Stoys Vi Dozévéloy
02. Do Zé Vé Loy (14:16)
- William Grandordy / piano, synthesizer
- Gérard Blanc / bass, vocals
- Pierre Yves Maury / clarinet, saxophone
- Christian Blanc / drums, percussion, vocals
- Frank Louisolo / guitars
In the early 80's, after the departure of Lovisolo, Grandordy and Maury, the band still haven't gave up their dream to record a second album. Inspite of building a recording studio next to their house, and having a good and steady lineup, a second album was never recorded, though they did manage to record for themselves three more pieces that made it onto the reissue of their first album/EP. By mid 80's after adopting a more accessible style singing in french and english, they still weren't able to fully interest any of the record labels, naturally the Blanc brothers gave up and the band came to full stop.
Honeyelk's music is a fine cross between Magma, Zao and VDGG, playing in a typical Jazzy Zehul style. Their sound is mainly derived from the excellent playing of Gerard Blanc on bass, Maury's howling clarinet and saxophone and Grandordy's piano and keyboard work. Feeling French and English were not sufficient enough and wishing to be more original Gerard Blanc was singing his own made up lyrics.
In 1995 Gerard Blanc remixed the two tracks from their 79' album, offering a better sound quality and a balanced mix, and added 4 more tracks. The album "En Quete D'un Monde Meilleur" was released that year by Musea with a detailed booklet, making it a worth while package.
This is the only album Honeyelk released during the band's lifetime, it contains the original recording and mix of what was supposed to be only the first side of their debut, but since they were not happy with what they had, they never recorded anything else that time and released the album as it is with only two lenthy songs, clocking at 26 minutes only. Later on in 1995 Gerard Blanc (singer and bass player) remixed the album and added 4 more songs, the album was released that year titled "En Quete D'un Monde Meilleur". Because of not having a record label, the band had to finance everything on their own. The mixing was done in a small private studio in Paris and I guess that was the reason why the quality is not that good. The mix is not perfectly balanced and there are a few moments of chaos here and there (not in a good way I mean). Further more due to not having any professional help while recording, the outcome is far from perfect and other issues like timing and out of tuning also occurs. Most of these problems were fixed in the reissue, and now definitely sound much better and more balanced, such a great job was done. But honestly I don't mean to sound too negative since I really do like this little album inspite of all its problems.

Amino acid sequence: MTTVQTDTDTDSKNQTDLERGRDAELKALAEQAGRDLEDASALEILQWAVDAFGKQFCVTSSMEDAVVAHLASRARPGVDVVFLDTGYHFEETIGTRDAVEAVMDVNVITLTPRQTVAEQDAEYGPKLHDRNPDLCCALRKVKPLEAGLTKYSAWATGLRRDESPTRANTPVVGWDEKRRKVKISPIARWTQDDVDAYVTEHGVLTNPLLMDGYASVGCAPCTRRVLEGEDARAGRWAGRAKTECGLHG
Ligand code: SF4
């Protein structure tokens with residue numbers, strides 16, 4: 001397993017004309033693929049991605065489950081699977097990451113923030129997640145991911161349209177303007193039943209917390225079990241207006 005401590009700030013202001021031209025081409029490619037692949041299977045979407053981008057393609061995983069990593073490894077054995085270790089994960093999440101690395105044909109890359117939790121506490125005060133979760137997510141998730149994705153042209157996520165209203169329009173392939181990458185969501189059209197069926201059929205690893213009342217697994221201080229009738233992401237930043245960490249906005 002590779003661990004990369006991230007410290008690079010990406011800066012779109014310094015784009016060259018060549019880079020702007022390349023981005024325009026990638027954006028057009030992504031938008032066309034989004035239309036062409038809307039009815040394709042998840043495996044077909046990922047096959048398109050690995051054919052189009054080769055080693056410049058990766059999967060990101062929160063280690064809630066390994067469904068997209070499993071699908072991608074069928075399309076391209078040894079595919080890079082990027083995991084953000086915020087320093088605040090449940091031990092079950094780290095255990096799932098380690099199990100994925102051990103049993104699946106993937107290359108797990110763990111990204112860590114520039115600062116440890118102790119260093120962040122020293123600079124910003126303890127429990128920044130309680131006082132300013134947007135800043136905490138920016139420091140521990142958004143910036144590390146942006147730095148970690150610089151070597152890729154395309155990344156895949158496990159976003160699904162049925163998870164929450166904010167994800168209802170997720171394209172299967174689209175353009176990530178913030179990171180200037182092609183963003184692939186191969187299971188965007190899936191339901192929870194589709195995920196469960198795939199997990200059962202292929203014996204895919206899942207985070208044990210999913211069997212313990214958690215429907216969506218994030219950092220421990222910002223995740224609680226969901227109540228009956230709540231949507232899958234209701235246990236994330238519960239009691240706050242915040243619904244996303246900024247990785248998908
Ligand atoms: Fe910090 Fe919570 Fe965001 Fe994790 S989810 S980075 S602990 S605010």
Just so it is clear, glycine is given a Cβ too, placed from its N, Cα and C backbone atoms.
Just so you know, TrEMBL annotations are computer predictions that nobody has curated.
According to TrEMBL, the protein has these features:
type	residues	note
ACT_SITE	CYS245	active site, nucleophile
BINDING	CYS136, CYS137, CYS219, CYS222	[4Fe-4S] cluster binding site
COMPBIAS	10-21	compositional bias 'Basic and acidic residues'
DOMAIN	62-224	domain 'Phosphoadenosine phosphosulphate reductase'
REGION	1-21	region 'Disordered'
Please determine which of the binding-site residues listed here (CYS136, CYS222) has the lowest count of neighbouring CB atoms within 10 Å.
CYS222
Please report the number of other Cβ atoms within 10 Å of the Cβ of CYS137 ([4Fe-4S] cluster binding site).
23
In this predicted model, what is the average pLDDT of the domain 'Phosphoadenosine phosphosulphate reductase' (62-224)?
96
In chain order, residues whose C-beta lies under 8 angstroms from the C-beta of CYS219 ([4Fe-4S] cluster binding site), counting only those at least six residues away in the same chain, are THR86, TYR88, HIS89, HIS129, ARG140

So basically Honeyelk plays a typical style of Zehul mixing some jazz and and RIO elements. The music is mostly dark and haunting (well of course). There's a strong Magma influence, and their style definitely resembles other progressive bands like Zao and VDGG. The music is not heavy at all but also far from being laid back, that's because of the band's overall sound and instrumentation. The leading instruments here comes from Pierre Yves Maury playing the clarinet and saxophone, he is playing all the leads and responsible for the melodies too, of course there's a big help from keyboards and piano which are also always present and help to create their unique sound. Although Frank Lovisolo is credited as being a part of the band playing electric guitars, he doesn't really contribute much and his role is very minimal, I mean there is more guitar playing in bands like ELP, VDGG or Banco which didn't concentrate on guitars that much. The reissue also indicates that Blanc wasn't that satisfied of Lovisolo's guitar parts since he took a lot of them out, making the guitar almost non existent.
Although the music is quite intricate and complex, the band is not tight enough, they are at some points but other moments are too loose, and that's where they lose a few points. The compositions are long and although they are not perfect and suffers a little from an incoherent level, they do have some very good and inspired moments, one thing that I do miss is more killer interplay between them all. The music is moving from intricate aggressive playing derived from a killer bass to other passionate vocal parts, Gerard Blanc is delivering some stunning workouts, no doubt about it. Maury is definitely good playing both dissonant and melodic leads and pretty much gives the overall music it's vibe. It doesn't really detract from my enjoyment but the drums work is a little unstable, I hear some awkward and hesitant drumming here and there, again not tight enough. Another thing that I really like about them is the singing, not only is Blanc a capable bass player, he is also a great vocalist. Because french and english are obviously not interesting enough, Blanc is singing in his own made up language, which gives the music much more character. He is passionate and also sounds very much like Peter Gabriel.
The 1995 reissue "En Quete D'un Monde Meilleur" offers a more stable and balanced mix with a refined sound, on the other hand, this original recording offers a more rawer sound with much more evident guitar playing. For example, the third and final part on the second track is where it's most evident. I like that psychedelic guitar flying over everyone, this is really good. More over this version offers a different ending and is also one minute longer with more vocals and music, both versions are equally great though.
This is recommended to all Zehul fans which are looking for more music to settle their hunger. Although this is not the best album in the genre and it does have a few problems, you might find them unimportant compared to the music and ideas delivered. You can pass this over if you already have the 1995 reissue, but also this is worth tracking down for a reasonable price.